I made a journey to Kupwara to meet the kids at Basera-e Tabbassum……..MS TILLOTAMA SHOME
AS our car stopped and the sounds of the engine died, the kids one by one ran out of the home to welcome us. They had never seen me before nor did they know I was coming. I was a stranger in every sense. Yet, as if galvanized by a thirst for human contact each of those shy kids, one by one embraced me in a hug and wished me ‘Good morning!’. The tactile experience of being embraced by 52 kids, is something beyond description! I was overwhelmed to say the least as the hugs and kisses continued for a good ten minutes. I had imagined perhaps receiving half this warmth, when I left BET after having worked with the kids and only if I had succeeded in winning their trust.
My first learning- The way you treat someone in the first 30 seconds of meeting them sets the foundation of that relationship for a lifetime. We are afraid to love at first sight because we are unsure of the others intent and self preservation kick in. The kids taught me to love unconditionally. As I got to know them better, I marvel even more at their ability to do so. Their childhood has been marred, violated by the senseless violence in Kashmir. Their loved ones tortured, gunned to death and daily life hijacked by curphews, gunshots, scarcity, constant displacements and lack of basic respect for the sanctity of life. How then do you embrace a stranger with such love, such openness and trust? How?
First, they must be extraordinary. Second, BET started by two mavericks with hearts of gold have created a home, not an orphanage that has nurtured them so painstakingly, with so much care that the violence witnessed by these little ones has slowly sublimated itself to a deep-felt humanity and a need to right the wrongs done to them simply by loving another and then another. Something became apparent to me. Suffering makes you cynical and hard when you are weak. But on the other hand watching these children I felt suffering is the only way to become more human if you have courage. BET has given these kids courage and love beside basic amenities and education. And that is what makes BET so unique. I have worked in non profit organizations for the last seven years in India and in New York and seen how the basic premise of each organization is compromised by the inability to sustain the feeling that got you there in the first place.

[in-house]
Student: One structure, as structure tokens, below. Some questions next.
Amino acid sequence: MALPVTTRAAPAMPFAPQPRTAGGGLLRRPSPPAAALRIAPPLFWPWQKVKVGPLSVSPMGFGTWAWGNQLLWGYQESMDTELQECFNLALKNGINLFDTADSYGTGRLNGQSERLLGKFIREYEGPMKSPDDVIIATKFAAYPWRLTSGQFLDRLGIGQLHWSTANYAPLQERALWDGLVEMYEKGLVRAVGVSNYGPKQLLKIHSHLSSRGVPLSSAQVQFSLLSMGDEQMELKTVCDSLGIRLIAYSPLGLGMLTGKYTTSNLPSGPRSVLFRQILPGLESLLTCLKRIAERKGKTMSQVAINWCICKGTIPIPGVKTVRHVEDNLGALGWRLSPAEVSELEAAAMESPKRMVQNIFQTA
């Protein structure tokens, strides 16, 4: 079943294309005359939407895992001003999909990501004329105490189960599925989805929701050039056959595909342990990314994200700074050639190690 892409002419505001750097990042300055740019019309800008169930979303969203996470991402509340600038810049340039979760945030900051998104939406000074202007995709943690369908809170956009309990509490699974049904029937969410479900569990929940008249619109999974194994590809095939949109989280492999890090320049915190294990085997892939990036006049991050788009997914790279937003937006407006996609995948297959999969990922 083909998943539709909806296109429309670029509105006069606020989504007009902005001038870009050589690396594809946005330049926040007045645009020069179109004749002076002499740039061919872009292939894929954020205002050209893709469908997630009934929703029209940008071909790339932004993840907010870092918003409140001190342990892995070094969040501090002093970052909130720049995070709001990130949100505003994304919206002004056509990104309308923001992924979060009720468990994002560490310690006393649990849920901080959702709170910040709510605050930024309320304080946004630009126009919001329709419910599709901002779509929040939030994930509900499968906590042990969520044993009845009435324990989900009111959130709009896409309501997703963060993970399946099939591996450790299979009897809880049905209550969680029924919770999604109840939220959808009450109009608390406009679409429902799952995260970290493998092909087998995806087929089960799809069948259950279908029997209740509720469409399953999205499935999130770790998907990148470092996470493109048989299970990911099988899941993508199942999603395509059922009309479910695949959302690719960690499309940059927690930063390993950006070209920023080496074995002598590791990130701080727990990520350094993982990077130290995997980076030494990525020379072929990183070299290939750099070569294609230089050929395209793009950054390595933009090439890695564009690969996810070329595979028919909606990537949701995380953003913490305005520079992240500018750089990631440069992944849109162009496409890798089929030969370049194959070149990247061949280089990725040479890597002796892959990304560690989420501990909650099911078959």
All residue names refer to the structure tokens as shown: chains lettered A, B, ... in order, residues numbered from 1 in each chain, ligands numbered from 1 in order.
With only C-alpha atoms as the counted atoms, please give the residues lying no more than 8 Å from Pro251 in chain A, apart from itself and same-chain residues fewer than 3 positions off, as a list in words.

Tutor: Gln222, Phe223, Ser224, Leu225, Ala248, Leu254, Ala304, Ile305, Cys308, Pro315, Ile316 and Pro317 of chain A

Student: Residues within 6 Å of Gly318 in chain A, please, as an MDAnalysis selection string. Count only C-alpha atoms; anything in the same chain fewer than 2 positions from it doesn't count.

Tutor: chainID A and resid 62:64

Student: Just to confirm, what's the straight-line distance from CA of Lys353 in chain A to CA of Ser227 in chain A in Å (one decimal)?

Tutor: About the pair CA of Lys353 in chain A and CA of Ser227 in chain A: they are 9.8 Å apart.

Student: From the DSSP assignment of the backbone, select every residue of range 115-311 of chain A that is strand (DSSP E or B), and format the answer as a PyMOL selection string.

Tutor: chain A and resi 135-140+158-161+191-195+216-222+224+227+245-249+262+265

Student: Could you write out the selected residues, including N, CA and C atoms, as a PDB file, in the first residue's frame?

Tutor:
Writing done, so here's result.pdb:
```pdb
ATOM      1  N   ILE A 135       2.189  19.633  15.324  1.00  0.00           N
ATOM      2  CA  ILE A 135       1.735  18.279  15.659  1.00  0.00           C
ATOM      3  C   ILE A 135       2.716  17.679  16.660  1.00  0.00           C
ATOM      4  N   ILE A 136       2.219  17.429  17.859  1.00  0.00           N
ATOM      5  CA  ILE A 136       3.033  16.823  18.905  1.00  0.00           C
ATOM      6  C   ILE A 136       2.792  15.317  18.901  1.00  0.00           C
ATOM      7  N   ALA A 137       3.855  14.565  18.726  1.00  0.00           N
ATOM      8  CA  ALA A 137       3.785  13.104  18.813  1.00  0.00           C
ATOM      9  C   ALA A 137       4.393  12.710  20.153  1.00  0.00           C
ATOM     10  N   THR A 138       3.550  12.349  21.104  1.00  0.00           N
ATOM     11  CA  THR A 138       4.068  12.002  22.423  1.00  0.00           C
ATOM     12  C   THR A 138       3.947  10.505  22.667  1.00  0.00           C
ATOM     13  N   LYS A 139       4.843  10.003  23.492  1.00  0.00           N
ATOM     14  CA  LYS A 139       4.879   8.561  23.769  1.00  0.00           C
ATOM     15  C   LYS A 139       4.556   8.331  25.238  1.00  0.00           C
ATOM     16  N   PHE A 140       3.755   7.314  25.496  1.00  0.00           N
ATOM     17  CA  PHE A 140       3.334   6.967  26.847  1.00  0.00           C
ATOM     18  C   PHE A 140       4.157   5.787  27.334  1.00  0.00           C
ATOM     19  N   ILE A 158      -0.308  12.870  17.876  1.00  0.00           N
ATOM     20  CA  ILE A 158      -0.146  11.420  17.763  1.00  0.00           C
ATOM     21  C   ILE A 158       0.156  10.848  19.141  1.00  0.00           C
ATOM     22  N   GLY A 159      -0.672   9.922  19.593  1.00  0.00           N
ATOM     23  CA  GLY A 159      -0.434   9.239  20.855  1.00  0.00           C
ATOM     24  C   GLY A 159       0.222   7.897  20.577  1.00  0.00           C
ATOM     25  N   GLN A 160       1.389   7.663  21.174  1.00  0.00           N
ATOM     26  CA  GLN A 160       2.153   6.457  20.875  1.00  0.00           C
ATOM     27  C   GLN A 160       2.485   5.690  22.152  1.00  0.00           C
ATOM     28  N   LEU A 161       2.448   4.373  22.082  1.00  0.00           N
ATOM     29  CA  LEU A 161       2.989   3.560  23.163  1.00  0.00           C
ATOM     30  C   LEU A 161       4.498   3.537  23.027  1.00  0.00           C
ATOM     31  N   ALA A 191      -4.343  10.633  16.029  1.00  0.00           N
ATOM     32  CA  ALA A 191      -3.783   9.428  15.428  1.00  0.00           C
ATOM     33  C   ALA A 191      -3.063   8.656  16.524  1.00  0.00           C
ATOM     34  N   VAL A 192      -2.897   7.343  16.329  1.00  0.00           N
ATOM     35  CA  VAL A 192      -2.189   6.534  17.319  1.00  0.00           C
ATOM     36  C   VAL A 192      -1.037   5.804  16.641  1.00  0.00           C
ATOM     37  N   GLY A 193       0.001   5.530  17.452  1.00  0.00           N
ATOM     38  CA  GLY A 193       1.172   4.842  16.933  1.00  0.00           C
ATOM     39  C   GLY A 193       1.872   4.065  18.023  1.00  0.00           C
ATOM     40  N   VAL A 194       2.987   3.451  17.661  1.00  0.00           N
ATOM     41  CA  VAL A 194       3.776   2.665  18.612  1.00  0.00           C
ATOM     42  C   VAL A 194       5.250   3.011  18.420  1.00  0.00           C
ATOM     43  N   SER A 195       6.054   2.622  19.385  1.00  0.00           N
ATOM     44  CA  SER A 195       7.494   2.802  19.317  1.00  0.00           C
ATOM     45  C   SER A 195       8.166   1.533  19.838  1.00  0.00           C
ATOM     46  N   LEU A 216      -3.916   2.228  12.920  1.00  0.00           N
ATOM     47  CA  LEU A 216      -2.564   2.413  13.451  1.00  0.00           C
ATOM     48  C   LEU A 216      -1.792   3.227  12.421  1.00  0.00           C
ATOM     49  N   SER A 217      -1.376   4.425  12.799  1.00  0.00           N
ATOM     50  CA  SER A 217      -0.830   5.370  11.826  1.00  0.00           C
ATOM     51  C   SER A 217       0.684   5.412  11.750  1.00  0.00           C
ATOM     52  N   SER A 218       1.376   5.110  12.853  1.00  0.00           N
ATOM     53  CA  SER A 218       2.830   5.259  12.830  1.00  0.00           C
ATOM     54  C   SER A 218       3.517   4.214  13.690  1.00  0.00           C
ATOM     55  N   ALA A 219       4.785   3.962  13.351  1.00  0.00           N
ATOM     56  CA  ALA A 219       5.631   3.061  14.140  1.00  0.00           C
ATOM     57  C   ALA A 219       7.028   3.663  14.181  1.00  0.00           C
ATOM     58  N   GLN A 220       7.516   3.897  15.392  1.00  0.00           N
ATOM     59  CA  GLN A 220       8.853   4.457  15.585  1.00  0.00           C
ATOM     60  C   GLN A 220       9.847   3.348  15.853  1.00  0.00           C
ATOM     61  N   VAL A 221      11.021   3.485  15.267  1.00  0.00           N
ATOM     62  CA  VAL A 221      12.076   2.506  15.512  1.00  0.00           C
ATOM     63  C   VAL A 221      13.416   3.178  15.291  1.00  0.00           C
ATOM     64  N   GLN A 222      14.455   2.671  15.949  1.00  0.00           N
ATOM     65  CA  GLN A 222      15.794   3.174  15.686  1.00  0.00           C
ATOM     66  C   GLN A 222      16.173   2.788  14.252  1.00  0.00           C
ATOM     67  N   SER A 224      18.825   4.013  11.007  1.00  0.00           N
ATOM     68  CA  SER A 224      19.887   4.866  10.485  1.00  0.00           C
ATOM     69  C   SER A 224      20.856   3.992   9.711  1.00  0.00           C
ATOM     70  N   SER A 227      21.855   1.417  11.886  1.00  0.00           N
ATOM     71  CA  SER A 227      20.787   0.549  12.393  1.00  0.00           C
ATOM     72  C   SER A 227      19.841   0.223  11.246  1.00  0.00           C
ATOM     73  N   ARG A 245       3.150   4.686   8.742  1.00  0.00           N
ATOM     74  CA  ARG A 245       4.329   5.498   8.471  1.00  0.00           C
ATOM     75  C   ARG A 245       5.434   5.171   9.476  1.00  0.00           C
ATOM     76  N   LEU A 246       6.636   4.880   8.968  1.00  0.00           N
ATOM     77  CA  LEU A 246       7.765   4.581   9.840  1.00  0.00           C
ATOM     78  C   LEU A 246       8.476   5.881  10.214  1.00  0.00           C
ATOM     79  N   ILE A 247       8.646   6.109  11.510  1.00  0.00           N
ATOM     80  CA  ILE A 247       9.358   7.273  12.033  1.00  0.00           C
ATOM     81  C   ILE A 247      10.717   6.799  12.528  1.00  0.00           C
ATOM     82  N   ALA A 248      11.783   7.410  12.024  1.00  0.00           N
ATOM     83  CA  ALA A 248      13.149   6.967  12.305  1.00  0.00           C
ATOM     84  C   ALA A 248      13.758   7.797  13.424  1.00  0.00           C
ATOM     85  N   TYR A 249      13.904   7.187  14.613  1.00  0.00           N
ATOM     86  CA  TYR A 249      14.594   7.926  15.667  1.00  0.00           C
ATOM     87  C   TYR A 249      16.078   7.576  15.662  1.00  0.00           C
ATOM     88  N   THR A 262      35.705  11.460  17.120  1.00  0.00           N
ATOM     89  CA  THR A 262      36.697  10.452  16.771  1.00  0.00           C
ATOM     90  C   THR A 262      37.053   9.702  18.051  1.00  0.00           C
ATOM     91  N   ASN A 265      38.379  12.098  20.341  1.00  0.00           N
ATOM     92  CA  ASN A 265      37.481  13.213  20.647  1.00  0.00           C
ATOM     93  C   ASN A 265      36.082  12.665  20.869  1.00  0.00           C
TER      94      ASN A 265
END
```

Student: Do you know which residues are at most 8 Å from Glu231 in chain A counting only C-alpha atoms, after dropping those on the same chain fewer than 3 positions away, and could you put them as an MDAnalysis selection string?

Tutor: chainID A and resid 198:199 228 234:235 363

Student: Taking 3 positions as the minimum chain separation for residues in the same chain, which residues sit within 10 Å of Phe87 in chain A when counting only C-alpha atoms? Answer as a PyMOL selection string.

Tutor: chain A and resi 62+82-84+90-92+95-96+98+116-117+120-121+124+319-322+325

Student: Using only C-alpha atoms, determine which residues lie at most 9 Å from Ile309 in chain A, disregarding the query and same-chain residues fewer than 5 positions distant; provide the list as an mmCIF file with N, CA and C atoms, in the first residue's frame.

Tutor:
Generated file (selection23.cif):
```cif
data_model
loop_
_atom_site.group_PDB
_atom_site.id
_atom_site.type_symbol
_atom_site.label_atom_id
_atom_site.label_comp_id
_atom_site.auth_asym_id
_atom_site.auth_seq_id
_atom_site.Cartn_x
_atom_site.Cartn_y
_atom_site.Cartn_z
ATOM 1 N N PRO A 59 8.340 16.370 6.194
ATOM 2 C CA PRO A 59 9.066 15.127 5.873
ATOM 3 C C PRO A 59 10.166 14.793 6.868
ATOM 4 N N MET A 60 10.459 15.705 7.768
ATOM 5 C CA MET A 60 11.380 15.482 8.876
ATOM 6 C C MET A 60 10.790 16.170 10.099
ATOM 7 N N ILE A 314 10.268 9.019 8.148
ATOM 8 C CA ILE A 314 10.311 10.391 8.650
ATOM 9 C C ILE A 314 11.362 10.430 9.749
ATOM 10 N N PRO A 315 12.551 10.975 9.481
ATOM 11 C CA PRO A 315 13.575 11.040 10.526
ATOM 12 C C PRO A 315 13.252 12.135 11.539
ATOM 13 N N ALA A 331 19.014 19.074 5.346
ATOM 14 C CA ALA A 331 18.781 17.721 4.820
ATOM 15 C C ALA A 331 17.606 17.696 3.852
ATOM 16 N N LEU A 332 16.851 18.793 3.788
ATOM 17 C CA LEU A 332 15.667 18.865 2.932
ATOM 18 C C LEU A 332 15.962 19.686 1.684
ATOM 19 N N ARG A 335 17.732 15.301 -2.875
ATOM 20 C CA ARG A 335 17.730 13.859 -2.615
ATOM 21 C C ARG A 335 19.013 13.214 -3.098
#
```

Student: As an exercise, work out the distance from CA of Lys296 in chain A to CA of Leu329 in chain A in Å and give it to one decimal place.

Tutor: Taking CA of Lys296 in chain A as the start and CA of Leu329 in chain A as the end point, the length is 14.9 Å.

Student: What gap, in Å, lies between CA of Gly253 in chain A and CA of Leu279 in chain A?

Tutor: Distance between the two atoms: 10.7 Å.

My second learning- Leadership at BET is a stunning model of unflagging responsiveness to things and people around you. Its founder Aadhik Kadam and its adminstrators Supriya and Salima are a motley crew that come from completely differing backgrounds and yet are so beautifully in rhythm with each other and offer a refreshingly unique flavour of leadership. Supriya, a TISS graduate daily interfacing with army and militants, teaching the kids English, making rotis and chai in the kitchen, ensuring their safe passage to school everyday, monitoring the learning of 52 kids, uniting with the kids in their Ramadan fasts…all with a smile and song! Her weakness, is Bhanu the mutt , recently adopted by BET. She breaks the rules for Bhanu. I caught her feeding Bhanu a painstakingly made layered parantha and letting her sleep in the same room as her! But she is not afraid of ferrying a sick kid to the hospital in the midst of a precarious curphew, and speaking her mind to the army officers taunting her.